The closest thing that I have done to this was installing Cuckoo Sandbox. Unfortunately it appears to be unmaintained. But it was actually quite fun to watch the viruses infecting some poor unpatchted Windows 7 VMs; even if it was not as sophisticated as on that cartoon.
I can see a modified version of @unman 's Qubes Network Viewer getting turned into some sort of ecosystem abstraction showing communication (packets, emails, probes, attacks) being passed back and forth between VMs.
Maybe we can create salt scripts that automate VMs reproducing and going extinct, with different package combinations being used as some sort of proxy for genetics. The VMs will compete for resource points that will determine whether they live, die, and reproduce. These resource points come from a separate, sacred VM (the ‘World VM’) that’s like the dom0 of the ecosystem, and how these points are doled out depend on whether VMs meet certain criteria. (By the way, these some VMs are armed with known malware and can choose to attack others, and can also co-operate. There’s a cost to attacking and others will detect and remember attackers).
Think of this as the 2020s version of Robert Axelrod’s famous experiment, except as a toy aquarium for infosec geeks. With deep learning having an impact on infosec, this makes this much more interesting.
I typed this up in 10 minutes, and would love to hear if anyone has additional/better ideas.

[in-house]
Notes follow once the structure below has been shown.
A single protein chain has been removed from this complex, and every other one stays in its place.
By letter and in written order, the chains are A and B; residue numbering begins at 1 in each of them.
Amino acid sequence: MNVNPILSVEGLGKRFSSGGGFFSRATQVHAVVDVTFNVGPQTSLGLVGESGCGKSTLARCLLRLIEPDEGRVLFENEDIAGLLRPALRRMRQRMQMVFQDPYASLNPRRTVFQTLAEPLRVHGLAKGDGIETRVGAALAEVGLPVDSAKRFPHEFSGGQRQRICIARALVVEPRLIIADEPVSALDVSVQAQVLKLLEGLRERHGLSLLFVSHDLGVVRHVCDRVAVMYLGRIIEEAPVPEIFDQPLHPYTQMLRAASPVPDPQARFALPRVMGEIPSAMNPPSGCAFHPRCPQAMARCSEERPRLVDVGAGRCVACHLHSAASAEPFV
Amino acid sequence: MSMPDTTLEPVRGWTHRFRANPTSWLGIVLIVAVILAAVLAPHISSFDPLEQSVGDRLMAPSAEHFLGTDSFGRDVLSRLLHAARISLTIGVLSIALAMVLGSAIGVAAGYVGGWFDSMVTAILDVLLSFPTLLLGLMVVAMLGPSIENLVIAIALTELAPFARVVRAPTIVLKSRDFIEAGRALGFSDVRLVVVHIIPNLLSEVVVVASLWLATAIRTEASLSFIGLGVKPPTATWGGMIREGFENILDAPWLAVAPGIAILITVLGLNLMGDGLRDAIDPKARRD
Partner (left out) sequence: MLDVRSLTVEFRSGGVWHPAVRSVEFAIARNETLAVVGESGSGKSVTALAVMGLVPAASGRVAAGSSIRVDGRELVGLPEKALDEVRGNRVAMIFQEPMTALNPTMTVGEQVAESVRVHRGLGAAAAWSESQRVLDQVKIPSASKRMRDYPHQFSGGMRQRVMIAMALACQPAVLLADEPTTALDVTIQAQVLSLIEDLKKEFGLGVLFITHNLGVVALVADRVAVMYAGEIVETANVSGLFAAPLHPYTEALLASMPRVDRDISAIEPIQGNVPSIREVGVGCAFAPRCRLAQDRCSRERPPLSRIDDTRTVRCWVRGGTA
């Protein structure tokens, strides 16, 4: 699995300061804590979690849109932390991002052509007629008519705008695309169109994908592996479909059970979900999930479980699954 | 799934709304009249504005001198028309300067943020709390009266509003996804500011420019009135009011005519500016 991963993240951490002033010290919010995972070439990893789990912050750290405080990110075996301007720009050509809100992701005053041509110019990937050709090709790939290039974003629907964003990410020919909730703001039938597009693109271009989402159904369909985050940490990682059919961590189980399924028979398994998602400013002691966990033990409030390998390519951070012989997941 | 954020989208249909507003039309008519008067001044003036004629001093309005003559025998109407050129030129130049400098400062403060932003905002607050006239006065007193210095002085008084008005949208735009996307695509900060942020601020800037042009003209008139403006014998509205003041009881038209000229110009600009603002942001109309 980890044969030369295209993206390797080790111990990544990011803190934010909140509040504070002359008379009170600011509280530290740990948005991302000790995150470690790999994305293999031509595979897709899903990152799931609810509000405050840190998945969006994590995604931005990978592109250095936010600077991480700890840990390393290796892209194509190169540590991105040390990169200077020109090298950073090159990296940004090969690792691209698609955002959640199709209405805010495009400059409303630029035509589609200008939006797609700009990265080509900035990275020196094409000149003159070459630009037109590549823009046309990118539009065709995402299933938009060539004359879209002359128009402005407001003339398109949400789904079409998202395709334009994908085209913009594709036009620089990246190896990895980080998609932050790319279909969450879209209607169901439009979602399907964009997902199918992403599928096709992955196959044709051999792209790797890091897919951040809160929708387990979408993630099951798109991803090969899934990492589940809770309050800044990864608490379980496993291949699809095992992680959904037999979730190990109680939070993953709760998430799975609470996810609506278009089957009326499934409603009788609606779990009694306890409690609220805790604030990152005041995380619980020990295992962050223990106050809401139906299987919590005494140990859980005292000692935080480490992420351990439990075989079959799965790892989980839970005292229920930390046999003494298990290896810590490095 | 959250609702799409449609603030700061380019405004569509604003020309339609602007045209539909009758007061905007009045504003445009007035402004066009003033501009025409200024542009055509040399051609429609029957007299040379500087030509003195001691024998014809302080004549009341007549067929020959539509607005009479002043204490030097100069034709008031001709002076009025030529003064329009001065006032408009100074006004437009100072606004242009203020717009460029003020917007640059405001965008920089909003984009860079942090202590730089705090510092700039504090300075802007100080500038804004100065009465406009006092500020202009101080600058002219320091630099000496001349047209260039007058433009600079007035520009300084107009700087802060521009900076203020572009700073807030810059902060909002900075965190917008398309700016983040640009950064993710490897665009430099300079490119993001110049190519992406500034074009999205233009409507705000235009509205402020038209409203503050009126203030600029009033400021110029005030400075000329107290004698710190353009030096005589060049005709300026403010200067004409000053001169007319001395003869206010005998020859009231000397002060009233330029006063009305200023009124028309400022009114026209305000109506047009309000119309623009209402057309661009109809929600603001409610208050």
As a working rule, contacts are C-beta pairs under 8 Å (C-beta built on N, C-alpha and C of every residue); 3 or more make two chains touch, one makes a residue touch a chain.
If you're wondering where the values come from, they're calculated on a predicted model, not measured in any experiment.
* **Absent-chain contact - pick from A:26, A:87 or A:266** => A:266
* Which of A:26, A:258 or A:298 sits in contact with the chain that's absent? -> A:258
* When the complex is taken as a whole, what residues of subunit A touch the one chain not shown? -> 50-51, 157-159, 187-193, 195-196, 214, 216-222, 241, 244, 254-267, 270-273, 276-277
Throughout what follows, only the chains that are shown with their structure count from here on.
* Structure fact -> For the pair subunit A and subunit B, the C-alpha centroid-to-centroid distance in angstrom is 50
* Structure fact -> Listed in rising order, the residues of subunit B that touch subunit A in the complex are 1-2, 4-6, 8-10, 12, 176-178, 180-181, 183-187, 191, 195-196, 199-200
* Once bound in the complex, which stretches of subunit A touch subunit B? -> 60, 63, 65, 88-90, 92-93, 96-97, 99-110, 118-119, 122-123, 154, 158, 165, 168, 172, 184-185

I wonder whether the Debian phyla or the Fedora Phyla will do better, or whether some dark horse candidate (like Gentoo) will come along and wipe the floor. (P.S. for the sake of simplicity this should just be limited to Linux VMs–no unikernels)
It could be interesting to do this just as an exercise. One would probably learn a lot about Qubes in the process, namely:
- qubes RPC policies - to indicate do dom0 the qube had been compromized
- monitoring qubes
This would also be an educational cybersecurity exercise since it’s a good introduction to malware in general (especially since you’ll be using known malware that won’t attack Xen).
In my uninformed opinion, Qubes might be well suited to being a cybersecurity test/education platform (devs take note if Invisible Things ever needs to pivot–or maybe start a side-business).
I’m actually tempted to attempt this now, especially since genetic algorithms interest me. The problem is getting my hands on a machine that’s fast enough, especially without hyperthreading (or maybe I should re-enable HT). I can see that even my i7-1065G7 would be a far cry from what’s needed.
Maybe a Xeon or a Zen3 AMD APU? One can dream